Aren’t we over Apple’s apologies?

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Nope, not yet…

I woke up the other morning to an email Apple sent out to its universe of users, gifting MobileMe subscribers with a free 60 days of service to make up for recent outages and poor performance. I quote: “We know that MobileMe’s launch has not been our finest hour, and we truly appreciate your patience as we turn this around.” As they’ve shown time and again, apologies work and Apple’s brand keeps on powering on.

If only I could get my Mr. to own up like that . . .

I’m not a MobileMe subscriber – yet. I’m only a few months into the iPhone. Surprised? Well, this long-time Apple-loving girl knows that you don’t early adopt with Apple products. That is, unless you’re volunteering to pay to be part of Apple’s beta testing.

Afterall, remember the initial launch of the iPhone just about a year ago? It was heralded like the rockstar of of all techie events. But the gushing turned into an angry hiss when not too much later, Apple slashed the iPhone entry price a couple hundred bucks. “Boooooo!” said Apple believers. Apple’s response? Promptly hand out discount coupons to early adopters, issue teary-eyed apologies, and promise a better future. Aaaaah…all was right in the world again.

A little time goes by and then, just last month, Apple repeated this move, launching its newer, cheaper iPhone 3G. And the transition was hardly smooth. But that was nothing compared to what happened when along came MobileMe, (oddly, launched the very same day as the 3G) bringing with it a whole slew of security issues and technical difficulties. . . .

Isn’t it extraordinary that Apple gets away with these snafus one after another and still maintains its standing as a powerhouse brand? How, you ask, do they do it? Elementary branding techniques, my dears. Apple has been the ultimate community builder all along, and now, they have involved their users as an integral part of the beta research. And not only do they respond to what their users tell them, but Apple gives them recognition for their part in moving technology—and their company—forward. Consumers get to be part of a bigger “mission” and they respond by spreading the word.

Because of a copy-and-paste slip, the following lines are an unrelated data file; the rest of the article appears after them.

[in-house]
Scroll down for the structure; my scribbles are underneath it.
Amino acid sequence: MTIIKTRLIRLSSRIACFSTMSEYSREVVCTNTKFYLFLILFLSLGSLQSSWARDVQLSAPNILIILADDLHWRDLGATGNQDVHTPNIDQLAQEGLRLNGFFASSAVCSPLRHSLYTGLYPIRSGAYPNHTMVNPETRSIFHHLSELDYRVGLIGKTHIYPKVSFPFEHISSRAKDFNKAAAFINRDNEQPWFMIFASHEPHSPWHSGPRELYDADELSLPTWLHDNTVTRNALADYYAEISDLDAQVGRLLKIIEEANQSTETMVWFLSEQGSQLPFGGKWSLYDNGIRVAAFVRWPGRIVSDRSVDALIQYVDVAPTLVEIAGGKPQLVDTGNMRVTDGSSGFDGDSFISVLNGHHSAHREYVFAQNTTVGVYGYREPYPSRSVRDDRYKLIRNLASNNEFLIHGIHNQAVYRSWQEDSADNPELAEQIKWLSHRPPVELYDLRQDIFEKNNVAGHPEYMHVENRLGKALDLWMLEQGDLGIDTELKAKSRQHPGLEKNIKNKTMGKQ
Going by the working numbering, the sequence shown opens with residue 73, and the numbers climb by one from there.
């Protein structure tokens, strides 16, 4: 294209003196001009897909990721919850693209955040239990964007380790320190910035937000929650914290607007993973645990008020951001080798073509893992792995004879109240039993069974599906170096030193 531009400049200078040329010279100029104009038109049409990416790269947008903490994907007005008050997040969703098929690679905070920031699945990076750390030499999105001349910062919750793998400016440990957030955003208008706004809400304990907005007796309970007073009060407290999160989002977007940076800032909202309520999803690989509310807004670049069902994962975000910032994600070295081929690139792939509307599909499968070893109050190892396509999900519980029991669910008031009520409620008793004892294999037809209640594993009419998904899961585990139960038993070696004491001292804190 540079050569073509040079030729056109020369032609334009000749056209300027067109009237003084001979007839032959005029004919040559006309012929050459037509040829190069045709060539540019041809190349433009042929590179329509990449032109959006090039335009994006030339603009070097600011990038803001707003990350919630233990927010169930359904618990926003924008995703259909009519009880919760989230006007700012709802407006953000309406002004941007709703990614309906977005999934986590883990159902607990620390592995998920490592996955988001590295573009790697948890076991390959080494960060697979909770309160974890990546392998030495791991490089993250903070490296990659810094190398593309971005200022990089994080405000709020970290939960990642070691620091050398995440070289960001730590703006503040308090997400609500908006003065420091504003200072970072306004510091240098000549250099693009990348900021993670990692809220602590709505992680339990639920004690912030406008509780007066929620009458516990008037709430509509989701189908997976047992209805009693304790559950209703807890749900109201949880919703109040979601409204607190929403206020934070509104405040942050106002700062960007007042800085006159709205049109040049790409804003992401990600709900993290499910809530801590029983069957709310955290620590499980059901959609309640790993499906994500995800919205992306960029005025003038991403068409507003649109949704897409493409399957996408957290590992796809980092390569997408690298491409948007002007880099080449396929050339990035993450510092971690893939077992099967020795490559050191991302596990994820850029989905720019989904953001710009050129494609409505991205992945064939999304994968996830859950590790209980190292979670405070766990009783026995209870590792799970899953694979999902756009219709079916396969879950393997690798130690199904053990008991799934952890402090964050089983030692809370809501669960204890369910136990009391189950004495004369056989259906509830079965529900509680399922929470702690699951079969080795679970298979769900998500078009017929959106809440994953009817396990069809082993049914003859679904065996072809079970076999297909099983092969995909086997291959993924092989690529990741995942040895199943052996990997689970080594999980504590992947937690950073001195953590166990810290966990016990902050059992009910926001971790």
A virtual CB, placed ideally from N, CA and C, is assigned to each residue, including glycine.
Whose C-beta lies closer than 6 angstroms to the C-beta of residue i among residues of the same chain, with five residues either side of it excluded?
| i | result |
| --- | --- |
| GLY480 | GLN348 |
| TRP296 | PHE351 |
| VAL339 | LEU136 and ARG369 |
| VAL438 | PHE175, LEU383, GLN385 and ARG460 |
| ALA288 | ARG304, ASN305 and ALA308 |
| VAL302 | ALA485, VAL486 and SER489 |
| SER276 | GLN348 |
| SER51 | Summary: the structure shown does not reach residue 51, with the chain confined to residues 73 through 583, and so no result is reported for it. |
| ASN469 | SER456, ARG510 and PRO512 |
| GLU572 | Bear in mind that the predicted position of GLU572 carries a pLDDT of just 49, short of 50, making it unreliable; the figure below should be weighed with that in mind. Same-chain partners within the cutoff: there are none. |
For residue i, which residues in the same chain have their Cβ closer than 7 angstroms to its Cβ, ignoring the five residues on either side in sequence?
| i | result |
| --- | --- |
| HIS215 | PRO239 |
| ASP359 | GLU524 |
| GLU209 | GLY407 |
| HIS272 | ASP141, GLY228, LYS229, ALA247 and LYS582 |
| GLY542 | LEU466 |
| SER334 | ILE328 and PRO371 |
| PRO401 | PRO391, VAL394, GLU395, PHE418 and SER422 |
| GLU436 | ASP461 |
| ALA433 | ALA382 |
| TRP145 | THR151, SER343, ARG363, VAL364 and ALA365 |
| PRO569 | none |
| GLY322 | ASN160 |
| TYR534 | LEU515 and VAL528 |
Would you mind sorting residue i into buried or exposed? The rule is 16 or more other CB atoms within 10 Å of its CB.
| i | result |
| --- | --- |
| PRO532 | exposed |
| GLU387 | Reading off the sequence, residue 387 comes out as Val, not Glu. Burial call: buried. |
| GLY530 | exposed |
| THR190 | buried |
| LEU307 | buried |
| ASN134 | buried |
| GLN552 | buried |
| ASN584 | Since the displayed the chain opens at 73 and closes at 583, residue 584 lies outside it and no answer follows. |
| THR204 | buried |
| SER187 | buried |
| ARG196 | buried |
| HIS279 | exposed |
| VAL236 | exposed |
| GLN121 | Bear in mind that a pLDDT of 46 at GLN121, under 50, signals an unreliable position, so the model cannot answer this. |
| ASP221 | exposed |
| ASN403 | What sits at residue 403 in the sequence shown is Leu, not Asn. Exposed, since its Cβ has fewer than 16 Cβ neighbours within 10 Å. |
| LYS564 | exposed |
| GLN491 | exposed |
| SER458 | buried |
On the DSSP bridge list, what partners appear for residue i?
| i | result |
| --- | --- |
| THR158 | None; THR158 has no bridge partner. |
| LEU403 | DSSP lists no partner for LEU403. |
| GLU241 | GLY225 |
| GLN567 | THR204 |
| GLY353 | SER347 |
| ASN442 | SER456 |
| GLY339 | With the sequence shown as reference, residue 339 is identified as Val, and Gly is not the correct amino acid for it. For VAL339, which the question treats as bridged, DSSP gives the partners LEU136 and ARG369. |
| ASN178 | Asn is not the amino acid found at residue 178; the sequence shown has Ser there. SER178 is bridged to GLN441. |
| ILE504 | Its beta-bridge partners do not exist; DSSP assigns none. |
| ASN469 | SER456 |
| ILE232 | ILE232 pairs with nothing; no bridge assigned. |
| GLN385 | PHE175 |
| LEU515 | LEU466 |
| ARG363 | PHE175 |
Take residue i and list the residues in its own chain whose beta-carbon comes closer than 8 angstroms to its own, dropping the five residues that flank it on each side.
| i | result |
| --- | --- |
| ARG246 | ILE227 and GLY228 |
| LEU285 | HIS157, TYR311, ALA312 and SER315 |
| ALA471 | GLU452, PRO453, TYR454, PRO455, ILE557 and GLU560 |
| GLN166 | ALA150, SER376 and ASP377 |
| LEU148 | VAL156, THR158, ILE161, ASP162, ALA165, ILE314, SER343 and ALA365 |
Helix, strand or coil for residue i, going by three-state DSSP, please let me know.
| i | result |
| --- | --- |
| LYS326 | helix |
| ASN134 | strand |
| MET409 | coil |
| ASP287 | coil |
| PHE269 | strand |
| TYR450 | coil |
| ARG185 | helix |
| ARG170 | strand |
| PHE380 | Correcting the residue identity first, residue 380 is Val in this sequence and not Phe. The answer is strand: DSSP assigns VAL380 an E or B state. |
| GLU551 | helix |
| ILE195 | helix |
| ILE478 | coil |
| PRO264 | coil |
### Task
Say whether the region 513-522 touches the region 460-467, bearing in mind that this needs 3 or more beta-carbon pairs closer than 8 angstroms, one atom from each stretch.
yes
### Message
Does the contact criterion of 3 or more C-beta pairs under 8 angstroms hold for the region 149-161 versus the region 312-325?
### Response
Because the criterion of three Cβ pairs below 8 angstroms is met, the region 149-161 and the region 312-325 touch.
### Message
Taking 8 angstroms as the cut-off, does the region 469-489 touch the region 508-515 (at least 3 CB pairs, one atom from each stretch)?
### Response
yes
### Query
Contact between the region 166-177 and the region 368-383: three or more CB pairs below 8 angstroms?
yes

Essentially, Apple has managed to make their new products more than just a launch—they make it an event. Apple has mastered the experience of . . . the experience. They’ve instilled in us the desire for Apple to succeed so they keep on rolling out products that push the convergence of mobile and web to the next level. We’re just doing our part and we know there’ll be some glitches here and there.

And just like boy and girl or Ellen and Portia – Apple knows that it takes commitment to common goals and the ability to say a heartfelt “I’m sorry” when the time calls for it to build a strong relationship. And a dozen roses or two doesn’t hurt either . . .

Filed: boys, branding, entertainment

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